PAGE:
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Microsoft mocks Google’s privacy issues with new company T-shirts

Want to protest Google reading your Gmail? Try the Microsoft store.


Joe Kloc


Here’s something odd: Microsoft, one of the companies that turned over customer data to the National Security Agency has a new line of swag criticizing Google for (you guessed it!) violating users’ privacy rights.

Branded as Scroogle, written in Google’s rainbow typeface, Microsoft’s anti-Google merchandise bears slogans like “Keep Calm…While We Steal Your Data” and “Step Into Our Web.”

It’s not that they don’t have a point: Google may have broken privacy laws by combing through its users’ Gmail accounts for key terms to generate customized advertisements (a federal judge has yet to decide). But Microsoft is in a bit of a glass house on this one.

As former intelligence contractor Edward Snowden revealed in June, Google, Microsoft, and several other Silicon Valley tech companies have been turning over user data for years to the NSA. Granted they had no choice in participating in the agency’s PRISM program, as they were bound to by orders from the secretive Foreign Intelligence Surveillance Court. But they don’t seem to have put up much of a fight either.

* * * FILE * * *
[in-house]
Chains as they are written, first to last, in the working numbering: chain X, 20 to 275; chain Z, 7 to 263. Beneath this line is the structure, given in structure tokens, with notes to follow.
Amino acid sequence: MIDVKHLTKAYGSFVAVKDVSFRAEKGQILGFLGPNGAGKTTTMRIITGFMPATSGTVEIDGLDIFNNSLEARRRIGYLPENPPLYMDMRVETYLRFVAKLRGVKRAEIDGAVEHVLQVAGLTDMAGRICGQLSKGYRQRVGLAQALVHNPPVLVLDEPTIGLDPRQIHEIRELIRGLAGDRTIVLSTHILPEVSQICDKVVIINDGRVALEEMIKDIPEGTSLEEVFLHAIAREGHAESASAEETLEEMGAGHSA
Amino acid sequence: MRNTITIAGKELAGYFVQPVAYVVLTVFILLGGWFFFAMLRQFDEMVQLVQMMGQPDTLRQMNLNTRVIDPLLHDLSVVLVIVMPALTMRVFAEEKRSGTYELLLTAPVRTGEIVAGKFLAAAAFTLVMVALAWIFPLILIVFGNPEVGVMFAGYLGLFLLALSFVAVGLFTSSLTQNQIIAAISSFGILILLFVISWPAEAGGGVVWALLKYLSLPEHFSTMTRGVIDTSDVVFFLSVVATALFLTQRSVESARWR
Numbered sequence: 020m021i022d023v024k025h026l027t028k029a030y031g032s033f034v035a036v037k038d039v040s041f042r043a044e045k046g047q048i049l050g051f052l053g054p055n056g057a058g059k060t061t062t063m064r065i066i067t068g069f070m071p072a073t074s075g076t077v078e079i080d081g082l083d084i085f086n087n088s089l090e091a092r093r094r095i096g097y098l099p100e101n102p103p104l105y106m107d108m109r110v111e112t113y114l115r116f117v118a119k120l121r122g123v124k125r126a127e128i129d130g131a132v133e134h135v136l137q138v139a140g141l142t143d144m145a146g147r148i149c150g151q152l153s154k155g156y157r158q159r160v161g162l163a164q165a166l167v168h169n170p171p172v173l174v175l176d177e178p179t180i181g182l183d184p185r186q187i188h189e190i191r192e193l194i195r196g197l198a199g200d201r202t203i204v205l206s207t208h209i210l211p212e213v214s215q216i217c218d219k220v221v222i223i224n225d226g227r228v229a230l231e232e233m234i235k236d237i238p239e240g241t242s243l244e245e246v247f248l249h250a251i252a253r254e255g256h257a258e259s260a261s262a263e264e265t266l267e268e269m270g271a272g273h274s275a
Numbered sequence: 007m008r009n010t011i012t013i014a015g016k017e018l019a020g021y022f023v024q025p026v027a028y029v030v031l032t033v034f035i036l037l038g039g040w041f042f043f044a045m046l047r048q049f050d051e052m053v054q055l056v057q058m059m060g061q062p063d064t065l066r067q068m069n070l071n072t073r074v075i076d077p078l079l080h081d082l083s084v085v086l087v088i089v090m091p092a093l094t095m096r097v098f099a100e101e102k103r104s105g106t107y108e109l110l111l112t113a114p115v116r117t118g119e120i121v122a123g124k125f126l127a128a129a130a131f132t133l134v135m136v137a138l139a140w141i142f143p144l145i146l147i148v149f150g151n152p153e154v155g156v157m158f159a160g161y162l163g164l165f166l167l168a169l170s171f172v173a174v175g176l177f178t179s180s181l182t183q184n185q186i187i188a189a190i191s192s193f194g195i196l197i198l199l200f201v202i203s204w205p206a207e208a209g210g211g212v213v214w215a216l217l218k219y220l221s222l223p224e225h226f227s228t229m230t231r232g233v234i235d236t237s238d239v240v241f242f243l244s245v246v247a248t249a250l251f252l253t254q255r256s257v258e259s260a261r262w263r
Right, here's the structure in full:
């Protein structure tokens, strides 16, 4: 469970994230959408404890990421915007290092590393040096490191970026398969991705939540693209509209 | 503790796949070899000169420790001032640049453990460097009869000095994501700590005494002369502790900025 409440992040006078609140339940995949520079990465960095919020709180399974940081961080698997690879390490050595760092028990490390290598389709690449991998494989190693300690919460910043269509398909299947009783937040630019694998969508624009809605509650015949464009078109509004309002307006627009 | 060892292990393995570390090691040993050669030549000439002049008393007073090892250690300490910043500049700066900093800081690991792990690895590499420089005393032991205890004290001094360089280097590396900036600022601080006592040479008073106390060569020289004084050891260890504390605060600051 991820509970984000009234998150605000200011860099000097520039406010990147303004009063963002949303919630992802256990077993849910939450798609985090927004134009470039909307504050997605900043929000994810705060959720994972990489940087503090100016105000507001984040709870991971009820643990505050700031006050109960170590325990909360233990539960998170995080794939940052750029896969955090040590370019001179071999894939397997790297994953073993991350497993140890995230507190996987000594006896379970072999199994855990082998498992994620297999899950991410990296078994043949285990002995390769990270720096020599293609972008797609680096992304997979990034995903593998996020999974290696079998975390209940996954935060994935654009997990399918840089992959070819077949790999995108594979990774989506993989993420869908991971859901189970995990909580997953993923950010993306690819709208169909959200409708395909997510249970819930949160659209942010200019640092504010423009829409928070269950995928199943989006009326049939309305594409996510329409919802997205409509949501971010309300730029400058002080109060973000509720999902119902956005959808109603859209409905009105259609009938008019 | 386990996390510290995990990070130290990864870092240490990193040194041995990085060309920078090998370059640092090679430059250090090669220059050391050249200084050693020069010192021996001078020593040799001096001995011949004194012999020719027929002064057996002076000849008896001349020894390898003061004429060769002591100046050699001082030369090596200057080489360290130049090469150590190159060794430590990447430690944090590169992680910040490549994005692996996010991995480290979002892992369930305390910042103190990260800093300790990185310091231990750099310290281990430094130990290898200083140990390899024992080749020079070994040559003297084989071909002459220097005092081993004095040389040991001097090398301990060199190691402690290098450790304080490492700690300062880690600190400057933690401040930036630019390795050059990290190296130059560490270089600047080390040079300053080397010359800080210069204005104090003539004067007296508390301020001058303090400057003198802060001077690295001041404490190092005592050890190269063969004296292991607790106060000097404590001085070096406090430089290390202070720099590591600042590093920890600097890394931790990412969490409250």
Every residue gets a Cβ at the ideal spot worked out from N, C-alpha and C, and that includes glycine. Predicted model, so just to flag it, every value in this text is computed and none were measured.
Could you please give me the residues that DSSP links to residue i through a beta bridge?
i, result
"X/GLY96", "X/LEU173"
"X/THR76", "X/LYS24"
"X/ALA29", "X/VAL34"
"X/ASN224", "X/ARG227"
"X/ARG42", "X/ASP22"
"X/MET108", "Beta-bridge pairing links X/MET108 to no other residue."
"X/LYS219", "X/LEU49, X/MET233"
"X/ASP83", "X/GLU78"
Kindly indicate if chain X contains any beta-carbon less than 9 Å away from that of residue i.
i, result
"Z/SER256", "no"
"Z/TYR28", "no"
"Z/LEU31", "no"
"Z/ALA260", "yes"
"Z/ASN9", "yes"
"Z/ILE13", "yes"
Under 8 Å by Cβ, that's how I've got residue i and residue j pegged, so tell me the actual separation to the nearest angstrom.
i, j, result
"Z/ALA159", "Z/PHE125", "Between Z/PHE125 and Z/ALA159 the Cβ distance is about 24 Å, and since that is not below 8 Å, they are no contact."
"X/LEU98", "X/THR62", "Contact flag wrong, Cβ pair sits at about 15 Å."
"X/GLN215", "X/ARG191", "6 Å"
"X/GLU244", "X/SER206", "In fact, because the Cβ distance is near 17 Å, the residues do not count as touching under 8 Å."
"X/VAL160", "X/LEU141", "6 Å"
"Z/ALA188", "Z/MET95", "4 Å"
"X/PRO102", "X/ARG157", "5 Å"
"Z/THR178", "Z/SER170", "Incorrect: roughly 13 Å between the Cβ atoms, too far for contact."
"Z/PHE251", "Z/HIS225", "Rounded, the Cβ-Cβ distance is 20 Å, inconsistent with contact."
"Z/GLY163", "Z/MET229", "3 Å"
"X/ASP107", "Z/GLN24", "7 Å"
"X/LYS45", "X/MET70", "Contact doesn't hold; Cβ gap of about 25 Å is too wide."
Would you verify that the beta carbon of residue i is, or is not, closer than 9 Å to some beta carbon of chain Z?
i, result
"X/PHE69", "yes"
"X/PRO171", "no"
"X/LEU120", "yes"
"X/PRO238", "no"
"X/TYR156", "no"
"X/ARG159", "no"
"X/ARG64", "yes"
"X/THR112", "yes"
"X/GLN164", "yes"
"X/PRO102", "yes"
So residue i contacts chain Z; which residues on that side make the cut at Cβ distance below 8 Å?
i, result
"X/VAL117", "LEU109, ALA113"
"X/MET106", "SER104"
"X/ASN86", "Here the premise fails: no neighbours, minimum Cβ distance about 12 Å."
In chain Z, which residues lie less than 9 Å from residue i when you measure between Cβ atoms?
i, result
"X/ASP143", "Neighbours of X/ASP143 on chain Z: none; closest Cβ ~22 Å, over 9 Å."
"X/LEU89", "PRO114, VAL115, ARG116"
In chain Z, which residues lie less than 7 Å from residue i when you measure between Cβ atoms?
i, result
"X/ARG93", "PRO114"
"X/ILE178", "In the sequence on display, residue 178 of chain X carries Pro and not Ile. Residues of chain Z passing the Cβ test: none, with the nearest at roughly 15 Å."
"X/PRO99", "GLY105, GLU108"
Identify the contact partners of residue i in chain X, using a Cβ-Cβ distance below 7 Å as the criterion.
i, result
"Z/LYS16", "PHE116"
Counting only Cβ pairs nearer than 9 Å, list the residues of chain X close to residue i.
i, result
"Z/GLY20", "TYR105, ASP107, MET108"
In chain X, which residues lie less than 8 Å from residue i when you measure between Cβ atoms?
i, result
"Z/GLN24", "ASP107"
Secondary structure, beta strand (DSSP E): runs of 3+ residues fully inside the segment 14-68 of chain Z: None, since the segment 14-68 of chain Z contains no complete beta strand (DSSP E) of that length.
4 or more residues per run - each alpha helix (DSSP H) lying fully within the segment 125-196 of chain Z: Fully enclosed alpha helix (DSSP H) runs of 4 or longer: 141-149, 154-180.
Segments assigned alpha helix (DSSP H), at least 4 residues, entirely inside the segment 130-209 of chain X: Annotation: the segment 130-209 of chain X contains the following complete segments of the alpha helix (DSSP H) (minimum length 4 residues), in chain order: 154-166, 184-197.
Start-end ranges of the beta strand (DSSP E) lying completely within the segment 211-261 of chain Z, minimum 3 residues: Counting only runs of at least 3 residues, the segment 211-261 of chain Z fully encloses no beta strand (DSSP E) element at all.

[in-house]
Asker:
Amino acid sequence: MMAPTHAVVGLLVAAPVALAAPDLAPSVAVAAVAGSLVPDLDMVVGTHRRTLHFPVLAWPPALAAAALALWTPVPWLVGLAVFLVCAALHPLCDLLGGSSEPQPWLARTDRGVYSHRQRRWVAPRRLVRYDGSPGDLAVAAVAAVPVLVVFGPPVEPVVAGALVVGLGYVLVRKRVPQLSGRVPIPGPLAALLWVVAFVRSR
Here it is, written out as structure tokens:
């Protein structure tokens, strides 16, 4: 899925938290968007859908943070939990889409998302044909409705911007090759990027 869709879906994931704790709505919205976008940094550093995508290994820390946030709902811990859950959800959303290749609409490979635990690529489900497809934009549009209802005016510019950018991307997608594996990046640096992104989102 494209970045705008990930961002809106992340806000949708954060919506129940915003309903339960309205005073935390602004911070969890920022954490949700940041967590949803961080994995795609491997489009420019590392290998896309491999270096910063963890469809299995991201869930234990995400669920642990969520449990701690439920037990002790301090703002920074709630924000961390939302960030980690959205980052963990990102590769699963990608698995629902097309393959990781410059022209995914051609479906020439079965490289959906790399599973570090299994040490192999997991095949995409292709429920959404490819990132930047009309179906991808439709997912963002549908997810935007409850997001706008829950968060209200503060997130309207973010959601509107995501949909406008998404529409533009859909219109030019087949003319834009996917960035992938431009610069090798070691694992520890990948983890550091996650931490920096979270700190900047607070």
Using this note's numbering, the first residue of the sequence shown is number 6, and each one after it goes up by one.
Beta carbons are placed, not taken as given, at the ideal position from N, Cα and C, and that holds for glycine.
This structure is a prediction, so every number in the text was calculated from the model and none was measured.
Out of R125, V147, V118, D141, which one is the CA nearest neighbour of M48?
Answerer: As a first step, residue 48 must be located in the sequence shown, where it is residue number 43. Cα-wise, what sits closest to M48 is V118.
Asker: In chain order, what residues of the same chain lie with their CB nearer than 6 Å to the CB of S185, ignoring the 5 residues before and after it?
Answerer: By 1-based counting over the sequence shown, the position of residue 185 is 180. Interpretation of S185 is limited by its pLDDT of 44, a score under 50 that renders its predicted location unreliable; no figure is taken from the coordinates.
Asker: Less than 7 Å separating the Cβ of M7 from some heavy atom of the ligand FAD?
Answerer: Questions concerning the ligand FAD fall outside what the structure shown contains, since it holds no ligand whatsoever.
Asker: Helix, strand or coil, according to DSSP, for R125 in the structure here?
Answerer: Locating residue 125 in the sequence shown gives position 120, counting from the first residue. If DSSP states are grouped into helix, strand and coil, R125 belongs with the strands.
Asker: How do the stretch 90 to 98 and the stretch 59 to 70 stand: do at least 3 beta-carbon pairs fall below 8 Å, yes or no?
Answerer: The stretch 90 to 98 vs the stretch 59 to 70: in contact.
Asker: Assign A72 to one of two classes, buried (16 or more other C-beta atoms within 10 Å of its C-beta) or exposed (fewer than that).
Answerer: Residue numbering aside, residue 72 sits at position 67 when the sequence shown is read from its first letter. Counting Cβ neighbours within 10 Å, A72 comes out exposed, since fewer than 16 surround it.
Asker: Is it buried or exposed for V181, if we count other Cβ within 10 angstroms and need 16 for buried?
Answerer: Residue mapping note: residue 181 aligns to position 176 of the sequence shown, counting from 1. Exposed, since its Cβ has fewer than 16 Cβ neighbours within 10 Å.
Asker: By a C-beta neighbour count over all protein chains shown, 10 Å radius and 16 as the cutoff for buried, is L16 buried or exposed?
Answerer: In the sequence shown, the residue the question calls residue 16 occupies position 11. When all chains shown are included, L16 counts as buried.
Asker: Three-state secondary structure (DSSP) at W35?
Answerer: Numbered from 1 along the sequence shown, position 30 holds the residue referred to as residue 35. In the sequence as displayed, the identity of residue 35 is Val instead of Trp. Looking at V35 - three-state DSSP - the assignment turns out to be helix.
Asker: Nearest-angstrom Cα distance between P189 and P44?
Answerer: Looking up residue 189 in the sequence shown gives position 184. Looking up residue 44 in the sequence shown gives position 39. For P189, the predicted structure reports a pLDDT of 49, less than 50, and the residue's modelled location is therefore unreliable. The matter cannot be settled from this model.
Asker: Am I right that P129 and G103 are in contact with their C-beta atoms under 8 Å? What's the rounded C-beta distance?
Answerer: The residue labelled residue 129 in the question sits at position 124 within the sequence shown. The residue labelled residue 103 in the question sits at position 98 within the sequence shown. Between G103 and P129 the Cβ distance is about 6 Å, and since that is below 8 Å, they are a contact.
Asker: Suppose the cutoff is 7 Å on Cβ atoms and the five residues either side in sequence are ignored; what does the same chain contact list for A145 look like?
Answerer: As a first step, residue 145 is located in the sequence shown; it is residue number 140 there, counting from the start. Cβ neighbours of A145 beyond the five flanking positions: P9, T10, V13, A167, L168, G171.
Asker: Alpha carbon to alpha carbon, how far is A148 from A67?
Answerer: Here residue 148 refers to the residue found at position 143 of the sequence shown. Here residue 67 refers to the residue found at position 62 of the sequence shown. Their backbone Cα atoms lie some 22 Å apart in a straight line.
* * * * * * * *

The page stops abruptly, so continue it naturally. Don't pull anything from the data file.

In any case, the broader lesson of PRISM seems to be that when you turn over your information to a major corporation, you have little control over what happens to it. Which corporation you give it to seems almost beside the point.

But okay. Microsoft wants to get into the Internet activism game. Fair enough. So what does the corporation suggest America does to fight this unjust email invasion? A protest? Letters to Congress? A White House petition?

Nope. Bing.

I’ll say it again: Bing.

Photo by Seattle Clouds/Flickr

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